The first major cultural phenomenon
of the twenty-first century?
A world incomprehensible to most
A miracle of marketing?
All these, sometimes, but above
all, an intricate hypertext, of trading cards, TV
cartoons, films, computer games, fighting coins and
An industry, on the scale of
Disney, but more attuned to the twenty-first century.
There is no primary product. With Disney the film
comes first, and the toys and games are based on
that. But what is the Pokemon primary product?
The accusation is made: Pokemon
makes a profit from children. Yes. So do toy
manufacturers, fast-food retailers, children's book
publishers, and schoolteachers. Pokemon takes money
from children - but children are canny consumers, not
passive morons. They buy what they desire, and ignore
what they don't need. Think of the mountain of unsold
Star Wars tie-in produce that children refused to
pester their parents for last Christmas. Think of the
titanic failure of the new movie by the
kiddie-oriented singing group All Saints (even with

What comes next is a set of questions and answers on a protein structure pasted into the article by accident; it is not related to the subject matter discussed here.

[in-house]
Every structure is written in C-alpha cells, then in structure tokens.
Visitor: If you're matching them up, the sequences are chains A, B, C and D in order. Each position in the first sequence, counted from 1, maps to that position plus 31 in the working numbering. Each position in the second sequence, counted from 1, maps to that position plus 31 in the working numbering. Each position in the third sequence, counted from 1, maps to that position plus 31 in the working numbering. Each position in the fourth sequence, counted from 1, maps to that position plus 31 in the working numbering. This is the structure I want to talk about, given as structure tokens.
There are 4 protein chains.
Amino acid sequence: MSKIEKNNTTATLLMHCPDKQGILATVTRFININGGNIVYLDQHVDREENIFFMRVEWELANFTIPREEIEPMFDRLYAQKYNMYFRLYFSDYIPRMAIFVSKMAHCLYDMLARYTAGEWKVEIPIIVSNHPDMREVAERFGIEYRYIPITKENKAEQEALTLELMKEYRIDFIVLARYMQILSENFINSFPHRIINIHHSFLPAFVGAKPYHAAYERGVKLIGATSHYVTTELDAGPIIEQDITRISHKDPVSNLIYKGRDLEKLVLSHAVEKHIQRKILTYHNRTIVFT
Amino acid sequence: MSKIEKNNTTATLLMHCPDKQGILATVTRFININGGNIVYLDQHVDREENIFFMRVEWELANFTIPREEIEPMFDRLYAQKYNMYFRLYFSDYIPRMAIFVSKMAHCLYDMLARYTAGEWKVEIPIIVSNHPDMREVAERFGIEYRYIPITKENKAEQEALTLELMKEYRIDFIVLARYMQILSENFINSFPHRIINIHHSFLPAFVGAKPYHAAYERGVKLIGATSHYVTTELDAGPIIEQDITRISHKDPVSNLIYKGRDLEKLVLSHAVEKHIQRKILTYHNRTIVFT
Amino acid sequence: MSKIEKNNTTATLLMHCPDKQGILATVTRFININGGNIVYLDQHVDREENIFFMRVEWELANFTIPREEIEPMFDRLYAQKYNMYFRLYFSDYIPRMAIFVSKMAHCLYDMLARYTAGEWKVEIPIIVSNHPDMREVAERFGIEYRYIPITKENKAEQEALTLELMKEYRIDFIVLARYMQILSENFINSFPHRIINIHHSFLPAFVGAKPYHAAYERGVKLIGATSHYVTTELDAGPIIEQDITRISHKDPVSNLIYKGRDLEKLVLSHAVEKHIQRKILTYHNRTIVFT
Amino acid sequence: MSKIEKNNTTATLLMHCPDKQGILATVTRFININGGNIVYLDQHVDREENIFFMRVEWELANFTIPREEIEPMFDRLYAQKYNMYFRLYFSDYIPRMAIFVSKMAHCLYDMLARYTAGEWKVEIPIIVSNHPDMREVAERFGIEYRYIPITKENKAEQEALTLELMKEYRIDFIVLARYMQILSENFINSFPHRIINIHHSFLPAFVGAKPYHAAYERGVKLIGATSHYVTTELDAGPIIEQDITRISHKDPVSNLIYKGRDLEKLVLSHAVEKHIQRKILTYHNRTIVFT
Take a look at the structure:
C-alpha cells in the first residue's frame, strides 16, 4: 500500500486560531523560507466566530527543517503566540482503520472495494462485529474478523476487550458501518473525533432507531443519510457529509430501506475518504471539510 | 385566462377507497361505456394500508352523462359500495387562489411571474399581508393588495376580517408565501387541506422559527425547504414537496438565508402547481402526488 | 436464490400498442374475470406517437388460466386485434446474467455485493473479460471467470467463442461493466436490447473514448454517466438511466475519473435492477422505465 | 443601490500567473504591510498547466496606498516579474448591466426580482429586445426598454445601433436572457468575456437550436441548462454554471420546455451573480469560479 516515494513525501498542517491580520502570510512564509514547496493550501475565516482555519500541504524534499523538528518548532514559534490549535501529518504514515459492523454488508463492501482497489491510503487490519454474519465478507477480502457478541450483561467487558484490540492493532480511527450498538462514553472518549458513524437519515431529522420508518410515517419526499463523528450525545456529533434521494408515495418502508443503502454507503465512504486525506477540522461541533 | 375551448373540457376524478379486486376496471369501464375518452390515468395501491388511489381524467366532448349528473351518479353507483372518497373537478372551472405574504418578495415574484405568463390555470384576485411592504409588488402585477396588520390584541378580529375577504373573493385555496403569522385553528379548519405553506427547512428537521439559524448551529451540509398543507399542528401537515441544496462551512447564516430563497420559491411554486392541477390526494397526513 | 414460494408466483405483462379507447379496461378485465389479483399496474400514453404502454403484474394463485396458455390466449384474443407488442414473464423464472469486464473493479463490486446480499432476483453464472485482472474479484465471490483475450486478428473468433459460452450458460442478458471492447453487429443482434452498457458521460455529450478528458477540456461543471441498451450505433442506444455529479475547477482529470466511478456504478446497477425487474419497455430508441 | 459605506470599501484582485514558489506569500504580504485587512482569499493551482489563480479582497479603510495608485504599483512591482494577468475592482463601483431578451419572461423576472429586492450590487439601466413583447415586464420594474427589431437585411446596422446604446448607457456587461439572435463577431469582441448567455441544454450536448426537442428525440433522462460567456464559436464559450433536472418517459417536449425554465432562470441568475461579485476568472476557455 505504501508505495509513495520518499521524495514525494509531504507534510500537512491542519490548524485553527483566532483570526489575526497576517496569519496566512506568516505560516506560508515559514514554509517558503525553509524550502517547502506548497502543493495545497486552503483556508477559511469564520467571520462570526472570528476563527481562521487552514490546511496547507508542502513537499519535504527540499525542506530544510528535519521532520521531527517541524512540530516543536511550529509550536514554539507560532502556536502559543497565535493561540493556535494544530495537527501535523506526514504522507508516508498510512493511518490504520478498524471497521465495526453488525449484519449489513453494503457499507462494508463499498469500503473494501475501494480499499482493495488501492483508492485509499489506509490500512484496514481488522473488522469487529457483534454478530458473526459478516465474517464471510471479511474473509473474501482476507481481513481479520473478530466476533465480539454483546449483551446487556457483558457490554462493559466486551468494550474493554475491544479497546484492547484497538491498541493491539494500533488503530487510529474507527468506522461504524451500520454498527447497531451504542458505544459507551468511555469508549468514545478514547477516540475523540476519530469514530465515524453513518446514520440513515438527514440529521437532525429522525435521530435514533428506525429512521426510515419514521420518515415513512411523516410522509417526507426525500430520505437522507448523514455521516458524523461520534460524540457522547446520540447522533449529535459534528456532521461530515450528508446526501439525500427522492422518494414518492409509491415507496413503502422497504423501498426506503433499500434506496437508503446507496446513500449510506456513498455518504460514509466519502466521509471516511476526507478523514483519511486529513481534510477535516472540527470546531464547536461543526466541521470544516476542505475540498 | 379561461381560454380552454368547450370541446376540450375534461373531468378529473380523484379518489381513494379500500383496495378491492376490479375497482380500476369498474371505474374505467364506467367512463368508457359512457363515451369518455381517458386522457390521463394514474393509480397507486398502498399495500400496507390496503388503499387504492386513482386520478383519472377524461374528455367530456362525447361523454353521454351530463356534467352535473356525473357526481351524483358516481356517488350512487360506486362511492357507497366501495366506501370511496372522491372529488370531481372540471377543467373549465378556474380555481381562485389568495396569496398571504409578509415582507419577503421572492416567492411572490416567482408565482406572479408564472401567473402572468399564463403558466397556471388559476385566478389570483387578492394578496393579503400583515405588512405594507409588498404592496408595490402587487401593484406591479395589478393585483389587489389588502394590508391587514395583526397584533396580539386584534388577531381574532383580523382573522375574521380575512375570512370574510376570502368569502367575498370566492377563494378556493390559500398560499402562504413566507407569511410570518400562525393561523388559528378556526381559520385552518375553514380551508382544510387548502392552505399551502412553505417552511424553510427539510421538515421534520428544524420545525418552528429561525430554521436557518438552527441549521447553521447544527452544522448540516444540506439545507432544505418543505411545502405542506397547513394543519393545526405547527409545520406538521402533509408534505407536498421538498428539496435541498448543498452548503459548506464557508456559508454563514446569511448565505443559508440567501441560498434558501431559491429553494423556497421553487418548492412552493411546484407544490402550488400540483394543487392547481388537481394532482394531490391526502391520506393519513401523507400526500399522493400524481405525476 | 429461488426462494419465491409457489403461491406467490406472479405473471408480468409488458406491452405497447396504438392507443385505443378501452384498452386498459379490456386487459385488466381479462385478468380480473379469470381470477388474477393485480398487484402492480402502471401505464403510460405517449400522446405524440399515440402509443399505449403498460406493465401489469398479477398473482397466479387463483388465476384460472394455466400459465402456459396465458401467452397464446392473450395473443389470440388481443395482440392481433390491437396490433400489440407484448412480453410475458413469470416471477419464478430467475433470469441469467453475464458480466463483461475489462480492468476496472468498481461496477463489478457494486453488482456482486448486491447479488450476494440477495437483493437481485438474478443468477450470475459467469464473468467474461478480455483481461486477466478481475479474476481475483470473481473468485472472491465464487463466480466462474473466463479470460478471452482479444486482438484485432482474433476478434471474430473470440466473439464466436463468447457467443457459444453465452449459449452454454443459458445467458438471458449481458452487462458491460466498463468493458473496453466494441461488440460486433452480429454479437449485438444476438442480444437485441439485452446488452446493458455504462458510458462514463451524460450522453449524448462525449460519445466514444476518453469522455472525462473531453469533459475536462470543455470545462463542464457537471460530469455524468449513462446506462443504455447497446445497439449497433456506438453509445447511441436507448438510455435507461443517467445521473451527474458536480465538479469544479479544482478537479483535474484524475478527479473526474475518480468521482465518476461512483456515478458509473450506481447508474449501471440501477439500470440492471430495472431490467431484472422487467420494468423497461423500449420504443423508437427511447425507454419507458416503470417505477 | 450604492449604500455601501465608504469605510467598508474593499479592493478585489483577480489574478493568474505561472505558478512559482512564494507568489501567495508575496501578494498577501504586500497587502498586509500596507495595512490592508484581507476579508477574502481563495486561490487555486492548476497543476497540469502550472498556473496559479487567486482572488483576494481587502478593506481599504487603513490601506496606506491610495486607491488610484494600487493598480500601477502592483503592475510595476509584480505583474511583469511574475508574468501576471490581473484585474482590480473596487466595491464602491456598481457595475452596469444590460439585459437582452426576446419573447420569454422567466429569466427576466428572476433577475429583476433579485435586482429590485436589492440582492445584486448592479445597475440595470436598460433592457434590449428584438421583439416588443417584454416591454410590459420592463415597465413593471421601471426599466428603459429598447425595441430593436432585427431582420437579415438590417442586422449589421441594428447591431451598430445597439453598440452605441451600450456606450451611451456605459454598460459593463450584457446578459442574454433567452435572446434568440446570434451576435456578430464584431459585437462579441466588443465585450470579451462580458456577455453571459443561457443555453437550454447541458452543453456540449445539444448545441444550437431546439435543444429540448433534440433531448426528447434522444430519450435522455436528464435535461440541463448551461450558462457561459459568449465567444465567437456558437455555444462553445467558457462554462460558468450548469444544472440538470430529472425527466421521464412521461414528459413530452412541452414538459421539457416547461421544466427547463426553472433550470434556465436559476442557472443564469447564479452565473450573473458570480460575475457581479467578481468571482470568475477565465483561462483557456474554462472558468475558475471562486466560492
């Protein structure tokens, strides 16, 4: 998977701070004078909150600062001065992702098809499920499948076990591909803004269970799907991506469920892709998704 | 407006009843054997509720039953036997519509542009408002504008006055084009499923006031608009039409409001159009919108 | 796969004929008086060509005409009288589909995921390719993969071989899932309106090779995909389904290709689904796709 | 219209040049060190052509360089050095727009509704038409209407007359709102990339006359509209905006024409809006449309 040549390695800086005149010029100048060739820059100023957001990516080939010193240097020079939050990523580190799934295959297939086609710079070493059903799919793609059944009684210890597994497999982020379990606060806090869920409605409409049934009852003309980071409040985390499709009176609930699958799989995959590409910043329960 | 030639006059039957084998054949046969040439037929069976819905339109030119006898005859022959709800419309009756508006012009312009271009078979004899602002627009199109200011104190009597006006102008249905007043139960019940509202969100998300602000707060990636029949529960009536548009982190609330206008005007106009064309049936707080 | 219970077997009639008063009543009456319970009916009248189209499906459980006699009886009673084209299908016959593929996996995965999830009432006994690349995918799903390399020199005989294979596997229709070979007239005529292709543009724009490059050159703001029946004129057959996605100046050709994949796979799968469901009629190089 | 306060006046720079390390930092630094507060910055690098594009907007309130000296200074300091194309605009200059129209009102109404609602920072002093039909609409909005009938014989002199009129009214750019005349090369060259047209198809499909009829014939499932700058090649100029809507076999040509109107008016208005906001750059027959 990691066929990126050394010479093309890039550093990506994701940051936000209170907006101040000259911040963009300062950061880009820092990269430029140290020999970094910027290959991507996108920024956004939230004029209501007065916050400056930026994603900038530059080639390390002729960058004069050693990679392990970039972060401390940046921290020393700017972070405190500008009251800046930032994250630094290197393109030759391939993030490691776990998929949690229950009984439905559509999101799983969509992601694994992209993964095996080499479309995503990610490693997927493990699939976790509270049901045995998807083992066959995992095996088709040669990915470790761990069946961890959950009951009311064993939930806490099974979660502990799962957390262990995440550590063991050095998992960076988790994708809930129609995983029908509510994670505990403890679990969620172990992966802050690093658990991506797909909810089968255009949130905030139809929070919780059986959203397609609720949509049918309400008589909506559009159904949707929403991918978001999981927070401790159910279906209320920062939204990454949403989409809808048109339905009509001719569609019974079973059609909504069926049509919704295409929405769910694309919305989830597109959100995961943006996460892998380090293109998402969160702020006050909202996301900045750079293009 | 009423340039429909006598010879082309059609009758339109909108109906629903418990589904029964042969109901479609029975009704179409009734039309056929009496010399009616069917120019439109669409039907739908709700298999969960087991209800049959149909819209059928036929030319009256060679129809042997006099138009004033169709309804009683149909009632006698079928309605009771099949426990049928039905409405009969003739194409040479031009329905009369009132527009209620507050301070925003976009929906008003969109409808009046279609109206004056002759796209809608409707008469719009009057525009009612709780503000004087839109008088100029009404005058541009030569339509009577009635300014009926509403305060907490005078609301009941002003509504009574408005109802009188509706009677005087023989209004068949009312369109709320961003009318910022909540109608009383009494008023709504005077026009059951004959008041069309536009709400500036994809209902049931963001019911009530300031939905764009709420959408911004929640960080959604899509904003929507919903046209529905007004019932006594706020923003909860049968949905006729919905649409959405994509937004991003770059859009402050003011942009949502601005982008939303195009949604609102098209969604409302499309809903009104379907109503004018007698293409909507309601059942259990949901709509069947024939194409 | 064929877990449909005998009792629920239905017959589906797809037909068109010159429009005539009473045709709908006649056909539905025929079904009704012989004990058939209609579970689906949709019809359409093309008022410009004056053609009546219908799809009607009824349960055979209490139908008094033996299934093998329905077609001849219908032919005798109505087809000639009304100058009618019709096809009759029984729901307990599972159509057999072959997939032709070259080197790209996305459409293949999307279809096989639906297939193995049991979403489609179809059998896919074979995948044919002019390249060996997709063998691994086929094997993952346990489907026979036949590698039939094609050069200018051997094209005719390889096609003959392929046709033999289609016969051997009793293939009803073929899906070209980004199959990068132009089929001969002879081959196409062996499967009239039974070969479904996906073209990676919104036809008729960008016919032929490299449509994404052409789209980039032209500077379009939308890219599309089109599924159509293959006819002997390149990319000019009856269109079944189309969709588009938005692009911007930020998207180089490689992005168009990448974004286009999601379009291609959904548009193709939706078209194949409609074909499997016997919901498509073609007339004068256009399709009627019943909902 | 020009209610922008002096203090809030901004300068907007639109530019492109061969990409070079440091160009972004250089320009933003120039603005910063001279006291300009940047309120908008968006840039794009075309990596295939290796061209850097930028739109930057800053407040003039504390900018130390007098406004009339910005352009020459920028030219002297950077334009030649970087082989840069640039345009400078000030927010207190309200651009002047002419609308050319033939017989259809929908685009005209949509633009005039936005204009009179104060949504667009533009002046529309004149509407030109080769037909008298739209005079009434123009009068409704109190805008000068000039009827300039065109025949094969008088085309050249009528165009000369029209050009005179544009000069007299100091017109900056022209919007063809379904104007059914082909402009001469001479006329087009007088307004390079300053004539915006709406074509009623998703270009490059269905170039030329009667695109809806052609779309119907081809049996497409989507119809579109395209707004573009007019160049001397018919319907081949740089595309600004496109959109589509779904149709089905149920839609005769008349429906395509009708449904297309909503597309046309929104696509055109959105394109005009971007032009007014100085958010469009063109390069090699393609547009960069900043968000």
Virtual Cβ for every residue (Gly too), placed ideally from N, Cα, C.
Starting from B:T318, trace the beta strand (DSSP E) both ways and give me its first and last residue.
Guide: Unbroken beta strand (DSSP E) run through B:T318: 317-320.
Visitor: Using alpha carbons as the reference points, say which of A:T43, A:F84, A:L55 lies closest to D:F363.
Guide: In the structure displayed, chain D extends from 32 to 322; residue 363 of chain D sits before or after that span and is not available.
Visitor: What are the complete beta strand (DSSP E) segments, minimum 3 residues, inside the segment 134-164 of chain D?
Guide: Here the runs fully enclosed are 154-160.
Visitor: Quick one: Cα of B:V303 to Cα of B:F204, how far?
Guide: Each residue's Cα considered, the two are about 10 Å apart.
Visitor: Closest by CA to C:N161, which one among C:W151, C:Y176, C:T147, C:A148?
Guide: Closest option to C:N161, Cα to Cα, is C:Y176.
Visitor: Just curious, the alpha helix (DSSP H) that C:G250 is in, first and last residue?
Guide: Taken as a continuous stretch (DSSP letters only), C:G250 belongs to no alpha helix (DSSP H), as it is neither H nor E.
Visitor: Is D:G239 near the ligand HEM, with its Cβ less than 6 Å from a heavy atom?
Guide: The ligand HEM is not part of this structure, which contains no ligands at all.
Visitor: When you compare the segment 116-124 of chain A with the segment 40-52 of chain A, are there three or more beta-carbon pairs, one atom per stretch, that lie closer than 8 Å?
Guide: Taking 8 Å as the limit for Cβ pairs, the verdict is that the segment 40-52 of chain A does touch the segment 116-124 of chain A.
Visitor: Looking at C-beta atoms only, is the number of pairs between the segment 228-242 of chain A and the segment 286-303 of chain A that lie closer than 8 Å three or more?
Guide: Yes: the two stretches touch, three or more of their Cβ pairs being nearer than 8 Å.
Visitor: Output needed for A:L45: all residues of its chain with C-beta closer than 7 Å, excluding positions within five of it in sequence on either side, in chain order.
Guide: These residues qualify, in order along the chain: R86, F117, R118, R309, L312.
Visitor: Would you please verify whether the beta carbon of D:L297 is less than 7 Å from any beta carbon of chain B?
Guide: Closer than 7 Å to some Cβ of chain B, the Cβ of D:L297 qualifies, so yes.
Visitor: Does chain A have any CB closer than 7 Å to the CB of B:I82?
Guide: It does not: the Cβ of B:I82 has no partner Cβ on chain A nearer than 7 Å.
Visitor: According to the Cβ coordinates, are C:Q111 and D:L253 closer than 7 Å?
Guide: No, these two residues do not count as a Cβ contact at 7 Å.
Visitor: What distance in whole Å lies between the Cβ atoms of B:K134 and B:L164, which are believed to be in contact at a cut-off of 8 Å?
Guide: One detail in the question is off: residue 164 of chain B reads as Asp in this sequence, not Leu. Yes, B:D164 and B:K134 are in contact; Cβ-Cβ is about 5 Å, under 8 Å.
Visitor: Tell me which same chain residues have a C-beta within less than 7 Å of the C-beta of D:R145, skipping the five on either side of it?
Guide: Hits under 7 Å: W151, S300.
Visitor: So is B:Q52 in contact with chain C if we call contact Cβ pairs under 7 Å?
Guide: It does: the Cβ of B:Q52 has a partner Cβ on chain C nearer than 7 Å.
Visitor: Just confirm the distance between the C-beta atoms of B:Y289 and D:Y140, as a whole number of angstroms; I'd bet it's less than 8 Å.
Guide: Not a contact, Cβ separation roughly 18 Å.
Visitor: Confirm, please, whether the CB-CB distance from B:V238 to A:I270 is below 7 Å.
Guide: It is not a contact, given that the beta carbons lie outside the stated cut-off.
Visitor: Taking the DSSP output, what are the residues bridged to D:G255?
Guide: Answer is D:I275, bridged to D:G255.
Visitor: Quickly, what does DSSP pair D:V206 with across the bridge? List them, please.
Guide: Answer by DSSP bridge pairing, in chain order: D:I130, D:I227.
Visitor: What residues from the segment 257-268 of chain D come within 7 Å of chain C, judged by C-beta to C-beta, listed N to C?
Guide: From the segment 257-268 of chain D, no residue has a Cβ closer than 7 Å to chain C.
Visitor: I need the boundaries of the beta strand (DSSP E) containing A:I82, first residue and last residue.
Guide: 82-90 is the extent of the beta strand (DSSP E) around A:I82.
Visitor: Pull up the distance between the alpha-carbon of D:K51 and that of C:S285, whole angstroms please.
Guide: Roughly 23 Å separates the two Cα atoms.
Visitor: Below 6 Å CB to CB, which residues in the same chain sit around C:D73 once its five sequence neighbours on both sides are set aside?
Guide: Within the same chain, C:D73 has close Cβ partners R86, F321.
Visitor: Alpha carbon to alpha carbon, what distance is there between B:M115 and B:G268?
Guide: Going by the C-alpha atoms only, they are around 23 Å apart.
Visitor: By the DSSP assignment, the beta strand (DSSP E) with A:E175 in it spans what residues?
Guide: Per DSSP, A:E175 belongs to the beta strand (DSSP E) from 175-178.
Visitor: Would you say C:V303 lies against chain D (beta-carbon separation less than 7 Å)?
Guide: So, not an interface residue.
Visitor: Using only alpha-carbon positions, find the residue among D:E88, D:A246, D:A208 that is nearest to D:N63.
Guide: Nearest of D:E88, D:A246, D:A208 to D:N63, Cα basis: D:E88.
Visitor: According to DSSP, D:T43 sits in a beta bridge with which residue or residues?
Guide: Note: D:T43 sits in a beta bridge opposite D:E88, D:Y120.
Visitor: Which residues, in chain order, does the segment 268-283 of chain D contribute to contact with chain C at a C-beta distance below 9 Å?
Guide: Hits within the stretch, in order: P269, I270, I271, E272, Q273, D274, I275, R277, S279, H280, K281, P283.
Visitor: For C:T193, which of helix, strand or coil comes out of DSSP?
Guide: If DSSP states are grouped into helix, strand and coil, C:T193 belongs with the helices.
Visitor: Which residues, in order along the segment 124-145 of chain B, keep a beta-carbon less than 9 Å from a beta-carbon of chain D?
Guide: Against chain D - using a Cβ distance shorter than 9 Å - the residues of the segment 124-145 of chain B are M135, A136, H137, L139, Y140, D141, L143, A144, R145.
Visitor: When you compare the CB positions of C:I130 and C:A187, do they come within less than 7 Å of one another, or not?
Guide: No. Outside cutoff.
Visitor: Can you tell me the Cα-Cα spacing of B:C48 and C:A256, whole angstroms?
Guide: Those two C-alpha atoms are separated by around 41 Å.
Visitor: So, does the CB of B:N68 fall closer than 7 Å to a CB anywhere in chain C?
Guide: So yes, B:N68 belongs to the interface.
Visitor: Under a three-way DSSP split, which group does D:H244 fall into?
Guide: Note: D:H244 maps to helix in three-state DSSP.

the fail-safe youth-attractor of an 18 certificate).
No, it doesn't get us far to see children as the
helpless victims of a Pokemon industry. They
participate in the Pokemon project because it gives
something valuable to them.
Snakeskin poet K.M.Payne was drawn
into this alternative universe by the enthusiasm of
his son, Spencer. His poems celebrate the benign but
exciting world of Pokemon in its astonishing mythic
Meanwhile the British papers (and
we presume some abroad) try to fan the traditional
moral panic that flickers every time young people are
enthusiastic about something. Children who remain
resolutely impervious to the bland worthiness of the
National Curriculum are able to give detailed and
excited accounts of eccentric monsters, rare cards
and exotic evolutions. So something must be wrong.
The papers run horror stories about children being
beaten up for their Pokemon cards, so headteachers
ban the cards from school. Next time a child has his
lunchbox stolen, will they ban eating?
It's possible that sometimes the
enthusiasm of the young goes too far. We at Snakeskin
do not endorse the behaviour of the young man in
Holland who swapped his baby sister for a rare card.
But we do think there is something
here worth exploring, a mythology whose resonance is
not to be despised by poets.
If you find the poems
incomprehensible, K.M.Payne's Beginners' Guide may be useful.